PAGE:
Photo courtesy of Aleks Kubin | Byakagaba Lillian and Aleks Kubin pose for a photo in Uganda.

Photo courtesy of Aleks Kubin | Byakagaba Lillian and Aleks Kubin pose for a photo in Uganda.

BHS grad, encourages islanders to help Ugandans purchase textbooks

One Bainbridge High School graduate and Peace Corps volunteer has made it her mission to promote literacy and education in Uganda.

Aleks Kubin knew she wanted to join the Peace Corps back when she was a freshman at Bainbridge High, when her math teacher — Jason Sovick — introduced her to the Peace Corps by presenting his own experiences volunteering in Vanuatu.

Kubin said it seems that day stuck with her, as it was at that moment she realized the volunteer program was the perfect way to combine her desires to help others and also travel.

“I wanted to join the Peace Corps then and there,” Kubin said.

“I was bummed to find out most applicants were expected to have a college degree,” she noted.

Later, as a junior at BHS, Kubin was encouraged by another teacher, David Layton, to pursue teaching as a career, something Kubin said would become a guiding factor for her studies at her university.

Kubin studied history and social studies in hopes of teaching secondary education. She also earned a TESOL (teaching English to speakers of other languages) certification, which she says set her up nicely as a candidate for the Peace Corps.

Kubin’s dream of volunteering for the Peace Corps came to fruition in 2016 when she arrived at Kamurasi, a large public government school in Uganda which serves nursery to primary seven classes, or the equivalent of kindergarten to seventh grade.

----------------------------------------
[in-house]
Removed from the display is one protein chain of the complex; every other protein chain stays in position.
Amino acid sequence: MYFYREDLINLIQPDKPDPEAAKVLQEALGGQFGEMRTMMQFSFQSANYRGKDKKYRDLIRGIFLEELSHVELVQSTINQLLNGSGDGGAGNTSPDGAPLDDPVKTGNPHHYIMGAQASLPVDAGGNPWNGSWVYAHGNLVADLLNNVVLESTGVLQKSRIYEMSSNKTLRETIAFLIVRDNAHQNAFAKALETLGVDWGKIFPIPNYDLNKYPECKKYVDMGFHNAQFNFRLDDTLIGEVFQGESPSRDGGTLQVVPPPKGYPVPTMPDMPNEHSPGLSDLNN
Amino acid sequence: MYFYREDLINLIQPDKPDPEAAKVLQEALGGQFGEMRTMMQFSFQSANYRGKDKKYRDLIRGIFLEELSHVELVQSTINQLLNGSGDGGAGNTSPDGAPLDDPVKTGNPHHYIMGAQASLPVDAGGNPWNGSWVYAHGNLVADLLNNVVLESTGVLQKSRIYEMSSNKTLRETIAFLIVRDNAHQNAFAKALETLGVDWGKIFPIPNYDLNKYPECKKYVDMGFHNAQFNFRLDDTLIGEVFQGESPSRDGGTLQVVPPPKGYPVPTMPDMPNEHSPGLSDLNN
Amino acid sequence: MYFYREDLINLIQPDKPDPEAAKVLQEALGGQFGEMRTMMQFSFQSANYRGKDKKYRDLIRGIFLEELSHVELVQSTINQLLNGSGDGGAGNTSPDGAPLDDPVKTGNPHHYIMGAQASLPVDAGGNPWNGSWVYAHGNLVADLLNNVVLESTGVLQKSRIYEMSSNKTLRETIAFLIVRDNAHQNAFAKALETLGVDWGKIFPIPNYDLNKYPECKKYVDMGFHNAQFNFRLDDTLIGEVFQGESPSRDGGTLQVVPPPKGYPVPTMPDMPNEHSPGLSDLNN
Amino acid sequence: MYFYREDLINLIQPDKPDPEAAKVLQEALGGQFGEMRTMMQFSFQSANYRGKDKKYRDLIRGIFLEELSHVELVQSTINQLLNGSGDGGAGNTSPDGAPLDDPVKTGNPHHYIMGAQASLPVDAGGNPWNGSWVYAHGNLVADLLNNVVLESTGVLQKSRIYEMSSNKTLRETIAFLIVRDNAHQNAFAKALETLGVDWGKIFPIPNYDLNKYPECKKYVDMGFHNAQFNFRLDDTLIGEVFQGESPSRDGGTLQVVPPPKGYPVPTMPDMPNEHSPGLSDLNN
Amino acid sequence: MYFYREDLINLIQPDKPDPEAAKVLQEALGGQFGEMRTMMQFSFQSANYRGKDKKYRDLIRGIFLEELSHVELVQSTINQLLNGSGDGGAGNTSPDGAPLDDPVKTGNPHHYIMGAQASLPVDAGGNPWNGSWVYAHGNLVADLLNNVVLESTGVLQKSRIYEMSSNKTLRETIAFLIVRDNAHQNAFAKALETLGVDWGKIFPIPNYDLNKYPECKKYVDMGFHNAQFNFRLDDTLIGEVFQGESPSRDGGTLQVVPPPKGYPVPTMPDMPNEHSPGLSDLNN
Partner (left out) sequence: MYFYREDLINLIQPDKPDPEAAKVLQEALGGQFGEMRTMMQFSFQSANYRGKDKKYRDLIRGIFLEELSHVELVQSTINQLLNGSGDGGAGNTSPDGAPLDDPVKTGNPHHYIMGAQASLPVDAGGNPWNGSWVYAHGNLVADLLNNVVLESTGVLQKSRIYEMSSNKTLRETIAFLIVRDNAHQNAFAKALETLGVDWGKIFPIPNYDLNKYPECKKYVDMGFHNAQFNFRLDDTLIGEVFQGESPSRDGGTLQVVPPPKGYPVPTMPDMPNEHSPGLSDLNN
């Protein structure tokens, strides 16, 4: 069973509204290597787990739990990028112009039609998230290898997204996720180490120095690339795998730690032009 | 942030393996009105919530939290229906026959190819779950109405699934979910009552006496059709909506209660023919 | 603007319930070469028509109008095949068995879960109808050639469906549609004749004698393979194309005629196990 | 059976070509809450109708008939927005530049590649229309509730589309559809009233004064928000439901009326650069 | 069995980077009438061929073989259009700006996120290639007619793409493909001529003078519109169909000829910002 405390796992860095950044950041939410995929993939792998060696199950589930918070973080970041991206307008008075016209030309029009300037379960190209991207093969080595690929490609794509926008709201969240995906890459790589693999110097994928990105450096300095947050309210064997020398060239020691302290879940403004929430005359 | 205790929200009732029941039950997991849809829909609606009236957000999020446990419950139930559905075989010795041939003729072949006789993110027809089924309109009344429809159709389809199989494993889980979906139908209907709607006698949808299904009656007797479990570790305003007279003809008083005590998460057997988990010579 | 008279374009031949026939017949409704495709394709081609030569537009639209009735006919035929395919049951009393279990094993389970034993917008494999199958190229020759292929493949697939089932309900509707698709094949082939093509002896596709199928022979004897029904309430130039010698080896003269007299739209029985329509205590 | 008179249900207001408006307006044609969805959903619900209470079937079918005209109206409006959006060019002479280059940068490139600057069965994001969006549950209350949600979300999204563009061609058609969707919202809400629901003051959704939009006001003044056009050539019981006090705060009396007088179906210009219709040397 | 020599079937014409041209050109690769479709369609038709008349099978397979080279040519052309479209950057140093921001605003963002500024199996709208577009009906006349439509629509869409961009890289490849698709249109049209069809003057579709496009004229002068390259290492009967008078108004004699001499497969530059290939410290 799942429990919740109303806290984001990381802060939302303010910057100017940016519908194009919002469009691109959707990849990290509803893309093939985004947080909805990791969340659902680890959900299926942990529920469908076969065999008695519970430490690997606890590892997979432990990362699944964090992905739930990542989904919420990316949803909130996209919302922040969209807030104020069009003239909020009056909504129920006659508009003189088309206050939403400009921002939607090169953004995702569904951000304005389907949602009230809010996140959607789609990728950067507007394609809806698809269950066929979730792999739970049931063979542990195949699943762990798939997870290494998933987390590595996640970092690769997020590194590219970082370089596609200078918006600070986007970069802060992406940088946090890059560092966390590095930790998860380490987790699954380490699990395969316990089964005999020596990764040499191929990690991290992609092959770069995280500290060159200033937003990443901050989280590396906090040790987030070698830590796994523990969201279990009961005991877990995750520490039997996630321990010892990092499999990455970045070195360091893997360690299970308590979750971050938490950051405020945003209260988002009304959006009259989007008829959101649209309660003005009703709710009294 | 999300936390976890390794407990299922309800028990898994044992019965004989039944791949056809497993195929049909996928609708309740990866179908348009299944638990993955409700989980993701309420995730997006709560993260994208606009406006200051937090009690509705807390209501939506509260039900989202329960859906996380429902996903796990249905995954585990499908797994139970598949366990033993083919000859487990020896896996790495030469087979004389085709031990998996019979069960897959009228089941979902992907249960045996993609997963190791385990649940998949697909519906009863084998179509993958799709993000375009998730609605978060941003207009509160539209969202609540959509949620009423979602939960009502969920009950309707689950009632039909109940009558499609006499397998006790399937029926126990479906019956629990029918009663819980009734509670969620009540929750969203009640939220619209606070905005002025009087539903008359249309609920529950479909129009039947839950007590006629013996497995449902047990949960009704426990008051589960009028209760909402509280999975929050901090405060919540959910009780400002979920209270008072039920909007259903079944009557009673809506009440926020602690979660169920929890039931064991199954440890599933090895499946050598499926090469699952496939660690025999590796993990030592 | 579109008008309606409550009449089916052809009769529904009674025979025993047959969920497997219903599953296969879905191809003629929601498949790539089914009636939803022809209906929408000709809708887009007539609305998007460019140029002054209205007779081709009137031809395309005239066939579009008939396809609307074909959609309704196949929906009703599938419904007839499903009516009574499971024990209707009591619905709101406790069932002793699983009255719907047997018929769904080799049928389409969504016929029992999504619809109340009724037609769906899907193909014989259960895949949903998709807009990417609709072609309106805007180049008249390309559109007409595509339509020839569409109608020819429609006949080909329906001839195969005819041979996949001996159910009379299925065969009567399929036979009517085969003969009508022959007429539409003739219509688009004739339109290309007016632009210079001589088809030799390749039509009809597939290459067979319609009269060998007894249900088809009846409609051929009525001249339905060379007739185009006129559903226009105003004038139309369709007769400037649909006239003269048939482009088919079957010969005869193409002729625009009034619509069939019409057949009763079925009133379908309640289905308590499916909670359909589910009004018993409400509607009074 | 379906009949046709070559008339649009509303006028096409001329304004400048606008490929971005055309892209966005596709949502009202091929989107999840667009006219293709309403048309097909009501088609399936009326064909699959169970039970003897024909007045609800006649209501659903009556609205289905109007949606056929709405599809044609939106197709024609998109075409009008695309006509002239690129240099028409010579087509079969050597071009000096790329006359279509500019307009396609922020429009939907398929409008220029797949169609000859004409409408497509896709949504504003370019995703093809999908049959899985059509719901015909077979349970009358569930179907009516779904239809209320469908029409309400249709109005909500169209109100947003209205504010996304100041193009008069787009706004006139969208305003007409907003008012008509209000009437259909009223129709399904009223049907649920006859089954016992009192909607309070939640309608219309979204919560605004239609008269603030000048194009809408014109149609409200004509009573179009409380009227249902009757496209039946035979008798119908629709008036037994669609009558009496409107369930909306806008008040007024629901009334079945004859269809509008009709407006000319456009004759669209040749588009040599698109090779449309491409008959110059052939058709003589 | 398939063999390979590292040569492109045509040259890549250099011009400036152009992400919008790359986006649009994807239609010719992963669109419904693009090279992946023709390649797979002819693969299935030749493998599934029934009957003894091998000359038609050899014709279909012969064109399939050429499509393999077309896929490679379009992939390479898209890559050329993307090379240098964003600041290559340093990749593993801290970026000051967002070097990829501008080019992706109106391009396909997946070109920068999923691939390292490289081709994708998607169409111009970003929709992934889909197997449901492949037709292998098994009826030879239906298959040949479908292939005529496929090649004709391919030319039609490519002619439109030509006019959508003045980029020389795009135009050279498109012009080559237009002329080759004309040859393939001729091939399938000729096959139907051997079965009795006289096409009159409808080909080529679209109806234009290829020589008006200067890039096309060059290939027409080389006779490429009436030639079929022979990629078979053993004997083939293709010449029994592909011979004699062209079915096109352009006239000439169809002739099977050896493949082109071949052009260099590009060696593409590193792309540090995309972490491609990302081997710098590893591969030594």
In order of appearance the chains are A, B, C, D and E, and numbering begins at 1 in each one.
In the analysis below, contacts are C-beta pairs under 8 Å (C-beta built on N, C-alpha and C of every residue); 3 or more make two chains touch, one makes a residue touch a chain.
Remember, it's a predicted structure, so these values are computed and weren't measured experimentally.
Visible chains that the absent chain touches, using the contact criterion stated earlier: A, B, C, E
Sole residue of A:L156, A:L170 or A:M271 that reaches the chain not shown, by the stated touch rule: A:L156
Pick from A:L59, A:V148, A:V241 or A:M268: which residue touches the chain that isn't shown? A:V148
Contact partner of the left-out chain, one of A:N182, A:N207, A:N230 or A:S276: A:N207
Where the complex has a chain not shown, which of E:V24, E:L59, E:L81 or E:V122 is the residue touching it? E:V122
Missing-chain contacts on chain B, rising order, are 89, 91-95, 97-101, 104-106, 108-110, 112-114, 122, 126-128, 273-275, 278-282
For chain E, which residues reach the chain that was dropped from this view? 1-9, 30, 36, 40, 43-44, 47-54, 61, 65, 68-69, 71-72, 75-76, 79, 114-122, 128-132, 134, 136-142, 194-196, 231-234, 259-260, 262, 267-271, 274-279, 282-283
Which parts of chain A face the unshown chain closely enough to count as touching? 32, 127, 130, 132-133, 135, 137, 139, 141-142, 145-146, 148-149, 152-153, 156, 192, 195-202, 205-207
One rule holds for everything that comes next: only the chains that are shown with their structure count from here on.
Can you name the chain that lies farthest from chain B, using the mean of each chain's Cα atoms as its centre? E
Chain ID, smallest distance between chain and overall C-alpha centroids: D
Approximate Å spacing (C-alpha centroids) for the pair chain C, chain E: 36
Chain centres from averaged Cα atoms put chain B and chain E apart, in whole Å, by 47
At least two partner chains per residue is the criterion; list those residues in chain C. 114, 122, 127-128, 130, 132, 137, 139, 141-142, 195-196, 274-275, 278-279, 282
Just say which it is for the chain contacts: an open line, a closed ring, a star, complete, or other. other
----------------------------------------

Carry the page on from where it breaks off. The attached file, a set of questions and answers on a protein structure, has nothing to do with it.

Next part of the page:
The primary goal of Peace Corps volunteers in Uganda, said Kubin, is to “promote literacy through training teachers on literacy teaching techniques, encouraging a reading culture through the building of libraries and national events like DEAR day (drop everything and read) and spelling bee competitions, as well as working directly with pupils to improve their reading and writing skills.”

Kamurasi serves more than 800 pupils and shortly after arriving, Kubin said she noticed the school’s book collection would not be enough for all the students.

“It quickly became apparent that the mismatched collection of textbooks in varying degrees of outdatedness and quantities would not cut it in the classrooms,” Kubin said.

The head teacher at Kamurasi, Byakagaba Lillian, decided to seek outside assistance in purchasing the textbooks for the school. Lillian kicked off a fundraiser through the crowdfunding site in order to raise the $6,300 to supply the school with textbooks.

Kubin said it would take the public school decades to save up in order to meet the $6,300 goal of the fundraiser, but she’s hopeful that perhaps a little hometown exposure might bring a little help their way.

“It’s a big goal, we know, but our hopes are high,” Kubin said.

“In Uganda there is a saying that goes, ‘Bit by bit makes a bundle.’”

Donations can be made online at

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